Egyptian film "18 Days" provides insight on Occupy Wall Street movement
The movie "18 days", which screened on Sunday at the Vancouver International Film Festival is about Egypt's miraculous revolution that overthrew dictator Hosni Mubarak. But listening to conversations in the theatre, it was clear that some people came to the film with another protest on their mind. "Occupy Wall Street" was mentioned in hushed tones at least three times before the movie started. As one organizer told the Vancouver Observer last month, the New York protests are modeled off the mass demonstrations in Egypt's Tahrir Square.
Although the political and cultural context is starkly different (Barack Obama is hardly a dictator, and the Wall Street protesters aren't seeking to oust him), the questions remain the same. What is the power of protest? How did the Egyptians manage to shake off a violent, tyrannical dictator who ruled the country for over 30 years? Does the Egyptian experience provide any insight into the demonstrations sweeping North America today?
Perhaps to the disappointment of some viewers, the film never delves into a how-to process of staging a triumphant street demonstration. There are no scenes of students chatting online to discuss strategies, no examination of the social media methods used to bring over 1 million demonstrators into the streets.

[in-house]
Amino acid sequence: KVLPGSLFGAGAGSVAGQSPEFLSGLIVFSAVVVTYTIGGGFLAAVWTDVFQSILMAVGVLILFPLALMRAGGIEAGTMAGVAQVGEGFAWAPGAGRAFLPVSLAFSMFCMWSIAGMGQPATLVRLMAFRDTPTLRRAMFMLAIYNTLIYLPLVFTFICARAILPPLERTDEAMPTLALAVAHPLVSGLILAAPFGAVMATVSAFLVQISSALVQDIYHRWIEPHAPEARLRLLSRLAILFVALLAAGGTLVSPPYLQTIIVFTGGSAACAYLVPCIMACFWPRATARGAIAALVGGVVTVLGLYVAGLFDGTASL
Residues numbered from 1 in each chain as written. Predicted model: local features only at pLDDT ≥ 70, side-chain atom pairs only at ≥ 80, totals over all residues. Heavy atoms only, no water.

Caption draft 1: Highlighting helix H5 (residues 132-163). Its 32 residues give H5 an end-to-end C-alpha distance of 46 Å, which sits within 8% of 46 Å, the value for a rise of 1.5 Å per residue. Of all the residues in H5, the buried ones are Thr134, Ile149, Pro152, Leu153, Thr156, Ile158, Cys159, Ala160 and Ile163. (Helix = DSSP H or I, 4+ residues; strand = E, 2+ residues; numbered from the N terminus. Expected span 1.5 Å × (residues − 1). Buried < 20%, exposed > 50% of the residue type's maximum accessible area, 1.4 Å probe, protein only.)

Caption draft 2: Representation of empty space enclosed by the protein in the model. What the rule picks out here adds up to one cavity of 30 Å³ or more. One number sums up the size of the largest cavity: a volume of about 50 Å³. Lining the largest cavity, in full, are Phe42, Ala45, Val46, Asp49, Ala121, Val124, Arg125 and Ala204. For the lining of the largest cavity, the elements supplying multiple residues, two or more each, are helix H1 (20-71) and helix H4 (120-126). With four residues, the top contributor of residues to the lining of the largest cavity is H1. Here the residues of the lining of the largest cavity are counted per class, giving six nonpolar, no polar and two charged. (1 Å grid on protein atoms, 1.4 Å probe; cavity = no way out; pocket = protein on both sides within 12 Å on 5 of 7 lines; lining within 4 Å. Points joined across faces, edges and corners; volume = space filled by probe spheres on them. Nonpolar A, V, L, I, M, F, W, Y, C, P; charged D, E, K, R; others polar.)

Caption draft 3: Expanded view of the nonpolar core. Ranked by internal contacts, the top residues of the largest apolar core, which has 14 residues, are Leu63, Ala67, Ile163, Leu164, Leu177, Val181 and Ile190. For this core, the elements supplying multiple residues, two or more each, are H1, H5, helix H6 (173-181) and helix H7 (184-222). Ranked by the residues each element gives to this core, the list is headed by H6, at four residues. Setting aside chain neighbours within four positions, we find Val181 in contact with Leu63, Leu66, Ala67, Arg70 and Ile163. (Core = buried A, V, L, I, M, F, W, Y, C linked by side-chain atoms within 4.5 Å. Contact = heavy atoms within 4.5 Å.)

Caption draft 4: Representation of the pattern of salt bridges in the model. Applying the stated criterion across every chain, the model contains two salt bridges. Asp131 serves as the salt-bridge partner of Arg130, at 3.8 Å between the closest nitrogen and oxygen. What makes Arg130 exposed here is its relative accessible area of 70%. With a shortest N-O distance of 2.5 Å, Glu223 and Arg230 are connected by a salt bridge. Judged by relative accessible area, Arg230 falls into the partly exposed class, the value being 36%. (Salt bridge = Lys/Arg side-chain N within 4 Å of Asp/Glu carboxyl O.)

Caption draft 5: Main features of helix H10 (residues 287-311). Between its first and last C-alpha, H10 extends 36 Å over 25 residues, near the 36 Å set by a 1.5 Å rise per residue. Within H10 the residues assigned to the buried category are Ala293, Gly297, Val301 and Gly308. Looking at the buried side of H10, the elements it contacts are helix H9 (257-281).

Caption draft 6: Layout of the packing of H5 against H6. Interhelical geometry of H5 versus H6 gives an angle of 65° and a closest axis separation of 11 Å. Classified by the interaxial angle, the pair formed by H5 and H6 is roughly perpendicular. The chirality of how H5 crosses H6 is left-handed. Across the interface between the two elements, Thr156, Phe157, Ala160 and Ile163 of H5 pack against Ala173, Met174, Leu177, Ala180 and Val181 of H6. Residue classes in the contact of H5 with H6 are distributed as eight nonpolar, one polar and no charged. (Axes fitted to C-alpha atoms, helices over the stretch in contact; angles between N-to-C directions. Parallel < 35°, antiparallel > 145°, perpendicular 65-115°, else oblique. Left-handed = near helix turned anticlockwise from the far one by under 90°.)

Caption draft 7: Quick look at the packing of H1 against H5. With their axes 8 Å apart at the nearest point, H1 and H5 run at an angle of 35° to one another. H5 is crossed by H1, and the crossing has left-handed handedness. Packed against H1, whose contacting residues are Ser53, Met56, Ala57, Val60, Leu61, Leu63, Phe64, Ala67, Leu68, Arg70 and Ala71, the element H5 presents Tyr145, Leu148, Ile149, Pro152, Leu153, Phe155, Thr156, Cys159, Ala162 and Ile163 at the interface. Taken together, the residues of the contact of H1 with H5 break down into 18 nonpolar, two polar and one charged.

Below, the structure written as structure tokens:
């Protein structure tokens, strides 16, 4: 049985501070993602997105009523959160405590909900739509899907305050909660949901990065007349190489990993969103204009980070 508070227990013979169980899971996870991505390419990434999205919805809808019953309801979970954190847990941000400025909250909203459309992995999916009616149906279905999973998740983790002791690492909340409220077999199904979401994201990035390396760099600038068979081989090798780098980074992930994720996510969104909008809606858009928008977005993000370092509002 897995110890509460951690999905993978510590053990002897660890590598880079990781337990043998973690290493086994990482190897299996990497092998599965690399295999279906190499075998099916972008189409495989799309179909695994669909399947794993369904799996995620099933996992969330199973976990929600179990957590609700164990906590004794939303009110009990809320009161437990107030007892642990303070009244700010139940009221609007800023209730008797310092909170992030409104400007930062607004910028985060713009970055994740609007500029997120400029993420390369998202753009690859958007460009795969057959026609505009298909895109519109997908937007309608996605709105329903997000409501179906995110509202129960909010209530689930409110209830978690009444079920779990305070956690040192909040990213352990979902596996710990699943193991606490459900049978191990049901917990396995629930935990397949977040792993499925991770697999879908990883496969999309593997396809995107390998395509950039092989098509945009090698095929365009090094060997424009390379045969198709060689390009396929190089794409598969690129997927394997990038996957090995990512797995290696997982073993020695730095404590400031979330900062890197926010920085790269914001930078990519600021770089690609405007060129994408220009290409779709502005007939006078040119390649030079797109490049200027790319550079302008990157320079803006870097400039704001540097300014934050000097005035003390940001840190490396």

Mixing televised news footage and popular YouTube clips, the movie brings together 10 fictional narratives by 10 Egyptian filmmakers who show a kind of “Rashomon Effect” by recounting vastly different experiences of the 18 days that shook the nation. Rather than taking the obvious route of showing the revolution through the eyes of political activists (who already had their say in the media), most of the 10 filmmakers lend a voice to the underclass who barely scratch out a living in Cairo.
The movie starts off with its weakest segment, "Retention" by Sherif Arafa, about Egyptians of different political stripes watching the revolution from inside a mental institution. With a very stage-production feel and awkward dialogue, “Retention” nonetheless manages to set the tone for the rest of the movies by showing the varied characters who make up Egyptian society.
In “God's Creation”, Kamla Abu Zikry recounts the protests from the view of a working-class street vendor whose main concern is not about democracy, but whether colouring her hair blonde will get her in trouble with Allah.